Wednesday, December 28, 2011
Before Steven Speilberg there was Leni Riefenstahl!
Berlin, Germany—As a film lover and novice filmmaker I am beyond fascinated and spellbound by a truly amazing woman. She was an athlete, rock climber, mountain climber, dancer, actor, photographer, filmmaker, writer, scuba diver and major artist. This woman was gifted, talented and downright gorgeous.
Leni Riefenstahl was born in 1902 in this great city. Riefenstahl was raised in prosperity and rather than follow in her father’s business footstep chose to make her mark in performance and art. Riefenstahl was a strikingly beautiful contemporary of fellow actress Marlene Dietrich.
Riefenstahl had a problem, this incredibly lady had to master absolutely everything she ever tried. She made it her goal to do everything perfectly. She failed at nothing and was redundantly proven to be fearless.
As a budding filmmaker she was nothing less than a major pioneer that invented cinema techniques still being used today. She’d go to any length to create an exciting film shot out of the most ordinary human movement. Riefenstahl created cranes, rails and every conceivable kind of device to capture nearly impossible cinematic shots.
She attended one Nazi Party rally and like most of the world at that time, she admired Adolph Hitler as a potential savior of Germany. Her goal was always to gain opportunities to act, perform and make films. Hitler and his propaganda minister, Josef Goebbels was mesmerized by the exceptional young woman and invited her into what became an incredible nightmare.
Riefenstahl made a film that showcased the Third Reich called, Triumph des Willens or Triumph of the Will. The film was a documentary of feature film proportions that was made in Nuremberg. The film was a masterpiece of precession and military pageantry. Today the film is banned in Germany as a result of aggressive de-Naziification. For Riefenstahl this was more about art and filmmaking than documenting the birth of what would later become a ruthless, cruel and monstrous political regime.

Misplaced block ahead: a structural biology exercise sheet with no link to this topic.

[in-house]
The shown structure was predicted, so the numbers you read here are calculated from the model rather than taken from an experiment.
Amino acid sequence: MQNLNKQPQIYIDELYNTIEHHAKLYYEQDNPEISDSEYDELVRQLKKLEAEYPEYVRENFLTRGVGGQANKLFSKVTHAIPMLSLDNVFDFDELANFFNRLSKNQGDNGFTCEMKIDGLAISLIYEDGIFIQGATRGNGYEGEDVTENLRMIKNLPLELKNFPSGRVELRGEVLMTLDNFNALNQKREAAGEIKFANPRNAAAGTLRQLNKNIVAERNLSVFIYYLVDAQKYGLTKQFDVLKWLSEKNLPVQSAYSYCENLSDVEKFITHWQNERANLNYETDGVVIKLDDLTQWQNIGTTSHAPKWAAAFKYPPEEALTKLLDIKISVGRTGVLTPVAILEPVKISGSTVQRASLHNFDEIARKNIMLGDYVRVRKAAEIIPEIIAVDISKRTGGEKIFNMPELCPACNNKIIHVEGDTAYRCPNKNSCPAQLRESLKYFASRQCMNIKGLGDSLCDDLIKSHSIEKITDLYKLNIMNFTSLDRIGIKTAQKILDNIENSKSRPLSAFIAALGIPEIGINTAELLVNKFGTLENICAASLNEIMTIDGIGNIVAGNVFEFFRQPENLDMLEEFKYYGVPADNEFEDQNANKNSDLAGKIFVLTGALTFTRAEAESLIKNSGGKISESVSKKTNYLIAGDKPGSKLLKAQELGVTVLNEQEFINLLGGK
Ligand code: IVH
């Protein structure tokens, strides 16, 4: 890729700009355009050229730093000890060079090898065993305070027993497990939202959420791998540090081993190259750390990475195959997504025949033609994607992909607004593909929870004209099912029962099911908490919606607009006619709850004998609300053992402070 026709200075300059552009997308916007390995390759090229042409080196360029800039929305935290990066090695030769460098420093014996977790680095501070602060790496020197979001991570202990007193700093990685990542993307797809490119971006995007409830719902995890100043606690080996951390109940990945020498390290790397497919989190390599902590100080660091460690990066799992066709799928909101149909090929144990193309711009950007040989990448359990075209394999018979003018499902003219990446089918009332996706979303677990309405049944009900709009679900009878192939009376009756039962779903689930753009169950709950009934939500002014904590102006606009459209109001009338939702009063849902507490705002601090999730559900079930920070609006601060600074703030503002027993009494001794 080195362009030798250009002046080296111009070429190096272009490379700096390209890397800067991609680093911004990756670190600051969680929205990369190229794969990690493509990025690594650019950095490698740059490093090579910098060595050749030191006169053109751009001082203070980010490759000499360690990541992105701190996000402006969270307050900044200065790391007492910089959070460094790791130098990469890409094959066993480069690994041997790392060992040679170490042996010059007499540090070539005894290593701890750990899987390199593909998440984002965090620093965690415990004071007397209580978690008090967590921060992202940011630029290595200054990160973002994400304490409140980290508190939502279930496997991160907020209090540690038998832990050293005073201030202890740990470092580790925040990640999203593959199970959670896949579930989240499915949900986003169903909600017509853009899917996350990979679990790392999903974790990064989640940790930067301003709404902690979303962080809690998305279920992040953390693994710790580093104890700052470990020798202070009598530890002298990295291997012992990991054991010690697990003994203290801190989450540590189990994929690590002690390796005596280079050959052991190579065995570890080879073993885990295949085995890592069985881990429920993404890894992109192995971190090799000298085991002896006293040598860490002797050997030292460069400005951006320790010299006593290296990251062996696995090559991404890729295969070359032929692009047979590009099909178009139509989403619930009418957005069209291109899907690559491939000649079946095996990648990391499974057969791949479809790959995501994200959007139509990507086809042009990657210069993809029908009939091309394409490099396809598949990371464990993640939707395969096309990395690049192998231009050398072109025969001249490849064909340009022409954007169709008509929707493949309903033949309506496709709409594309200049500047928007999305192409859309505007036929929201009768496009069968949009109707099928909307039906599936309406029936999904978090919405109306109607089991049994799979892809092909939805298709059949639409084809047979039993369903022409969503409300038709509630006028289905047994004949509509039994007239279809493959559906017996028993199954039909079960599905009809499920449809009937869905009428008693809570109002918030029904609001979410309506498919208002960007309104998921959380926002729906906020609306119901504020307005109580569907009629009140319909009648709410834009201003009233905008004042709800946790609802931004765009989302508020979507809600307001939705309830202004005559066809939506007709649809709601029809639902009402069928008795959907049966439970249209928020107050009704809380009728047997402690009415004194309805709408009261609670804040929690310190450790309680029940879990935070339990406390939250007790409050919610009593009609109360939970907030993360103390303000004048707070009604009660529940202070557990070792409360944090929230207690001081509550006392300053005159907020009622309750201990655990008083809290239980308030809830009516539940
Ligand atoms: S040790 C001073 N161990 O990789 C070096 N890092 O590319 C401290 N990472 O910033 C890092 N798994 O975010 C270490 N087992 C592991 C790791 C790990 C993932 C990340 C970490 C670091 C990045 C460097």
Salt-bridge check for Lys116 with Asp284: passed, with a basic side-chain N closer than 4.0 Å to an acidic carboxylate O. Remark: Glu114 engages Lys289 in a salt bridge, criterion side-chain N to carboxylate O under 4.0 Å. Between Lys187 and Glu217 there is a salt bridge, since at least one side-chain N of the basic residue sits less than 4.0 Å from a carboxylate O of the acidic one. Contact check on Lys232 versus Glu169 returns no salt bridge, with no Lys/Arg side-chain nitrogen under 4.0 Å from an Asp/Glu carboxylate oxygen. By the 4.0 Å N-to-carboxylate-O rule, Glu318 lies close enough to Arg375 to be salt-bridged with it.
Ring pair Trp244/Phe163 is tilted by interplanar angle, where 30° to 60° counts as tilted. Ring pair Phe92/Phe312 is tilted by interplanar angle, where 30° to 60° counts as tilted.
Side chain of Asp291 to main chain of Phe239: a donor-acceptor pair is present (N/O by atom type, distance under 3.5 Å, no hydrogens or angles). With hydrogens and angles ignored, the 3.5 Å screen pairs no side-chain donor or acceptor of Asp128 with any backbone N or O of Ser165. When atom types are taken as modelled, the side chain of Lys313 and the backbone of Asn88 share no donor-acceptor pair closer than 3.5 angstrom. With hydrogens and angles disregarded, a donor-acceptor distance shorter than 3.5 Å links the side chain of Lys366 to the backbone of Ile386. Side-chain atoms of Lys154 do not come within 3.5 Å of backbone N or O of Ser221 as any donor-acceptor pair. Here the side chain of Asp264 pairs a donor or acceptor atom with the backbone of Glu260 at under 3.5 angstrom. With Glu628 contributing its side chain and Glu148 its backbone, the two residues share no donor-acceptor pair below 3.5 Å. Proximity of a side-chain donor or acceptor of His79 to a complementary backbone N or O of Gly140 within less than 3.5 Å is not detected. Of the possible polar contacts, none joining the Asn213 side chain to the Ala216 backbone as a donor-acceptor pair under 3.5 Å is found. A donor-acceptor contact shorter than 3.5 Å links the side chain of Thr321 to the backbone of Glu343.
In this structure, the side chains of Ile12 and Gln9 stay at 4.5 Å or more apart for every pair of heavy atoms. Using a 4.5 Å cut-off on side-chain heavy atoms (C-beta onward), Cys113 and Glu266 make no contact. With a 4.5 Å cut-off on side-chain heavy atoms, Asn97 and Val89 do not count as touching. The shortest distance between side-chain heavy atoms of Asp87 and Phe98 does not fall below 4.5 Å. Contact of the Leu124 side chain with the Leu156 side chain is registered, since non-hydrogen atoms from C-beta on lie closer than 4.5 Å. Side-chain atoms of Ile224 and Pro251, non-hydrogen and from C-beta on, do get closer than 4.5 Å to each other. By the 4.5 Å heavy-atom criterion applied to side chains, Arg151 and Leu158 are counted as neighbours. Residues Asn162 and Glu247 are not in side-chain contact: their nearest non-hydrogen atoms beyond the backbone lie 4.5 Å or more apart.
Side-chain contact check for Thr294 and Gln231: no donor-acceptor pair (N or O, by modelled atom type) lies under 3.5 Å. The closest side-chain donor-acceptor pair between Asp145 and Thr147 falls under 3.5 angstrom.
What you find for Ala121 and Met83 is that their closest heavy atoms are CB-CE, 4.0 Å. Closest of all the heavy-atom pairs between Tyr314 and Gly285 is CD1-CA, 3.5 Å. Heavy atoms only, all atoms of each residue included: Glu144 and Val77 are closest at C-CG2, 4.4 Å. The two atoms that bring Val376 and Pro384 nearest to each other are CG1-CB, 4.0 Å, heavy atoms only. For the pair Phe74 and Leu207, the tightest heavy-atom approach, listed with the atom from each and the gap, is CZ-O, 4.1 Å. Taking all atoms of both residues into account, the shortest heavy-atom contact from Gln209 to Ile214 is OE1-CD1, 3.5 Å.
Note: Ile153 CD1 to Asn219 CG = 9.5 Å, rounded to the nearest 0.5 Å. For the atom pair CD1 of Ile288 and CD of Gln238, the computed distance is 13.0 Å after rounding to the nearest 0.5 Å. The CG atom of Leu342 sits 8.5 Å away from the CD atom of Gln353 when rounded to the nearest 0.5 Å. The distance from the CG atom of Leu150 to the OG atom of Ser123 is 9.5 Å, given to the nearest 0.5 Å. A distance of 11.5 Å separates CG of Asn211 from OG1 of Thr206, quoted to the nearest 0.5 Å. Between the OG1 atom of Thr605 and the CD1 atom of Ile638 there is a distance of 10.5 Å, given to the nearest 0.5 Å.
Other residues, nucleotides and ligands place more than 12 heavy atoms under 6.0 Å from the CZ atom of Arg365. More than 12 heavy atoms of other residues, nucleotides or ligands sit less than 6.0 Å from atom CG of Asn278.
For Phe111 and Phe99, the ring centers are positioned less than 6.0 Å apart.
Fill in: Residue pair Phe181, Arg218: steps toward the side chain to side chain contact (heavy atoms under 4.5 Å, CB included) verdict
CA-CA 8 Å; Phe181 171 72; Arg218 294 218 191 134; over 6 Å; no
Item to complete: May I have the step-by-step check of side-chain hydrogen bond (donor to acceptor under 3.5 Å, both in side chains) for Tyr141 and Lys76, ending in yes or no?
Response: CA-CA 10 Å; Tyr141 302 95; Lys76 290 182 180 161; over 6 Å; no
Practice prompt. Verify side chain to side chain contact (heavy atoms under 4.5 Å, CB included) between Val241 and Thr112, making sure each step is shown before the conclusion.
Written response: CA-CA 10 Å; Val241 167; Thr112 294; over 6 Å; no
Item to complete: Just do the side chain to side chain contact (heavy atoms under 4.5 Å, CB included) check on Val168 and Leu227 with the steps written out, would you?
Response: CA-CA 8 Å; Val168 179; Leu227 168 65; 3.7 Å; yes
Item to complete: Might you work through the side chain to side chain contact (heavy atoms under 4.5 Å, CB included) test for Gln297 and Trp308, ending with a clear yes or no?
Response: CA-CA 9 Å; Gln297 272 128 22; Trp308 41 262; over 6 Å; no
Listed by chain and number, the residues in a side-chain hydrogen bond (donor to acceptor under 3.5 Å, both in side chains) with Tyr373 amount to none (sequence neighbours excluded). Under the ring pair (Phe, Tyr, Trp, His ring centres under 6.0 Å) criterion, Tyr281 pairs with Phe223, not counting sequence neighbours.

In 1936 Riefenstahl created 200 miles of film to show the world the Olympics. Her film never once slighted America’s black athletic wonder, Jessie Owens of his stunning victory. With her films Olympia I and 2, Riefenstahl became the quintessential sports filmmaker that is still the role model of every sports photographer or filmmaker worldwide.
Josef Goebbels understandably wanted to make a mistress out of Riefenstahl but the truth was that she found him unattractive. To Riefenstahl's chagrin, Goebbels embellished their “friendship” in his personal diaries.
The war ended and despite the fact that Riefenstahl never once placed an anti-Semitic scene in her films or let such a word to pass her lips was arrested and put on trial. Her career was over and the best years of her life were just beginning. Riefenstahl was condemned, castigated and blackballed. Rather than to accept total defeat Riefenstahl went to Africa and began filming primitive tribes and even pursued groundbreaking oceanographic filmmaking. She never found real success again as the cinema legend she truly was.
Like all German civilians Riefenstahl was misled by the criminals running her government and only learned about the death camps after the war ended. This gifted artist was soon blamed for creating Hitler’s image and allowing him to seduce the world through her films. Unfortunately the world still remains ignorant of the truth nearly a decade after her death at the age of 101.